\[X \bigcirc Y := \{ x \bigcirc y: x \in X \text{ and } y \in Y \}.\]

Again, directed rounding is used if necessary.

For example:

julia> a = @interval(0.1, 0.3)
[0.0999999, 0.300001]

julia> b = @interval(0.3, 0.6)
[0.299999, 0.600001]

julia> a + b
[0.399999, 0.900001]

However, subtraction of two intervals gives an initially unexpected result, due to the above definition:

julia> a = @interval(0, 1)
[0, 1]

julia> a - a
[-1, 1]

Changing the precision

By default, the @interval macro creates intervals of Float64s. This may be changed globally using the setprecision function:

julia> @interval 3π/2 + 1
[5.71238, 5.71239]

julia> showfull(ans)
Interval(5.71238898038469, 5.712388980384691)

julia> setprecision(Interval, 256)
256

julia> @interval 3π/2 + 1
[5.71238, 5.71239]₂₅₆

julia> showfull(ans)
Interval(5.712388980384689857693965074919254326295754099062658731462416888461724609429262, 5.712388980384689857693965074919254326295754099062658731462416888461724609429401)

The subscript 256 at the end denotes the precision.

To change back to Float64s, use

julia> setprecision(Interval, Float64)
Float64

julia> @interval(pi)
[3.14159, 3.1416]

To check which mode is currently set, use

julia> precision(Interval)
(Float64, 256)

The result is a tuple of the type (currently Float64 or BigFloat) and the current BigFloat precision.

Note that the BigFloat precision is set internally by setprecision(Interval). You should not use setprecision(BigFloat) directly, since the package carries out additional steps to ensure internal consistency of operations involving π, in particular trigonometric functions.

Elementary functions

The main elementary functions are implemented, for both Interval{Float64} and Interval{BigFloat}.

The functions for Interval{Float64} internally use routines from the correctly-rounded CRlibm library where possible, i.e. for the following functions defined in that library:

  • exp, expm1
  • log, log1p, log2, log10
  • sin, cos, tan
  • asin, acos, atan
  • sinh, cosh

Other functions that are implemented for Interval{Float64} internally convert to an Interval{BigFloat}, and then use routines from the MPFR library (BigFloat in Julia):

  • ^
  • exp2, exp10
  • atan, atanh

Note, in particular, that in order to obtain correct rounding for the power function (^), intervals are converted to and from BigFloat; this implies a significant slow-down in this case.

Examples:

julia> a = @interval(1)
[1, 1]

julia> sin(a)
[0.84147, 0.841471]

julia> cos(cosh(a))
[0.0277121, 0.0277122]
julia> setprecision(Interval, 53)
53

julia> sin(@interval(1))
[0.84147, 0.841471]₅₃

julia> @interval sin(0.1) + cos(0.2)
[1.07989, 1.0799]₅₃
julia> setprecision(Interval, 128)
128

julia> @interval sin(1)
[0.84147, 0.841471]₁₂₈

Interval rounding modes

By default, the directed rounding used corresponds to using the RoundDown and RoundUp rounding modes when performing calculations; this gives the narrowest resulting intervals, and is set by

julia> setrounding(Interval, :slow)
:slow

An alternative rounding method is to perform calculations using the (standard) RoundNearest rounding mode, and then widen the result by one machine epsilon in each direction using prevfloat and nextfloat. This is achived by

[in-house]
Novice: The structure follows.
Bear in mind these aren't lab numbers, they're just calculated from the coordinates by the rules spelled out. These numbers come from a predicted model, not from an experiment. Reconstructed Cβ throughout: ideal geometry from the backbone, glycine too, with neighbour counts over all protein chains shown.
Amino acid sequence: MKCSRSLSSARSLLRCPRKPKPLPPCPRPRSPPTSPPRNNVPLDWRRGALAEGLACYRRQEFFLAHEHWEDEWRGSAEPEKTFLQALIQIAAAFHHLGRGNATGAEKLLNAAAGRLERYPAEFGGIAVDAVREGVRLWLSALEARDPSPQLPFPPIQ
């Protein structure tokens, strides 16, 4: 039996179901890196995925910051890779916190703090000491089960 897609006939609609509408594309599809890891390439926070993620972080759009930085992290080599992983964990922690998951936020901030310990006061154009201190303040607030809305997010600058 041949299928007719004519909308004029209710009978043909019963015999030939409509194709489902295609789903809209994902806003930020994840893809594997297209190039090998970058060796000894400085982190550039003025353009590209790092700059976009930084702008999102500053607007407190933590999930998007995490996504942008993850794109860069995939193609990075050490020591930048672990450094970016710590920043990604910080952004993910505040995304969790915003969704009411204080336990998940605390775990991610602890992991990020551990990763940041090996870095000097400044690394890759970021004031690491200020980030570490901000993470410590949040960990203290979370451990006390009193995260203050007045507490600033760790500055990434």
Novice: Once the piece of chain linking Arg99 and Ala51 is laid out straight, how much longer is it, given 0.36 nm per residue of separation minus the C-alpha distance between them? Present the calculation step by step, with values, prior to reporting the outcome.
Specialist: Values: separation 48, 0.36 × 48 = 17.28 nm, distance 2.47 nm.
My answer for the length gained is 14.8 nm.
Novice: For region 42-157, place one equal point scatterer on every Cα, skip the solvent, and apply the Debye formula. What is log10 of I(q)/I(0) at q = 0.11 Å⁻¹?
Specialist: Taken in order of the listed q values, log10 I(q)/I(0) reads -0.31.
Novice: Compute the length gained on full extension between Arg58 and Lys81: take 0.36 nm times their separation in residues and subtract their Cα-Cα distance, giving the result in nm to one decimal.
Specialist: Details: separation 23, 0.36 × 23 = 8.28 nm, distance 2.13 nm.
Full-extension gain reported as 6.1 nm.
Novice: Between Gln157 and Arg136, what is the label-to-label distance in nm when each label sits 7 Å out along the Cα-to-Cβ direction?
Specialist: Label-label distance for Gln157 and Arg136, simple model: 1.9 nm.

julia> setrounding(Interval, :accurate);

It generally results in wider intervals, but seems to be significantly faster.

Display modes

There are several useful output representations for intervals, some of which we have already touched on. The display is controlled globally by the setformat function, which has the following options, specified by keyword arguments (type ?setformat to get help at the REPL):

  • format: interval output format

    • :standard: output of the form [1.09999, 1.30001], rounded to the current number of significant figures

    • :full: output of the form Interval(1.0999999999999999, 1.3), as in the showfull function

    • :midpoint: output in the midpoint-radius form, e.g. 1.2 ± 0.100001

  • sigfigs: number of significant figures to show in standard mode

  • decorations (boolean): whether to show decorations or not

Examples

julia> setprecision(Interval, Float64)
Float64

julia> a = @interval(1.1, pi)
[1.09999, 3.1416]

julia> setformat(sigfigs=10)
Display parameters:
- format: standard
- decorations: false
- significant figures: 10

julia> a
[1.099999999, 3.141592654]

julia> setformat(:full)
Display parameters:
- format: full
- decorations: false
- significant figures: 10

julia> a
Interval(1.0999999999999999, 3.1415926535897936)

julia> setformat(:midpoint)
Display parameters:
- format: midpoint
- decorations: false
- significant figures: 10

julia> a
2.120796327 ± 1.020796327

julia> setformat(:midpoint, sigfigs=4)
Display parameters:
- format: midpoint
- decorations: false
- significant figures: 4

julia> a
2.121 ± 1.021

julia> setformat(:standard)
Display parameters:
- format: standard
- decorations: false
- significant figures: 4

julia> a
[1.099, 3.142]

julia> setformat(:standard, sigfigs=6)  # default values
Display parameters:
- format: standard
- decorations: false
- significant figures: 6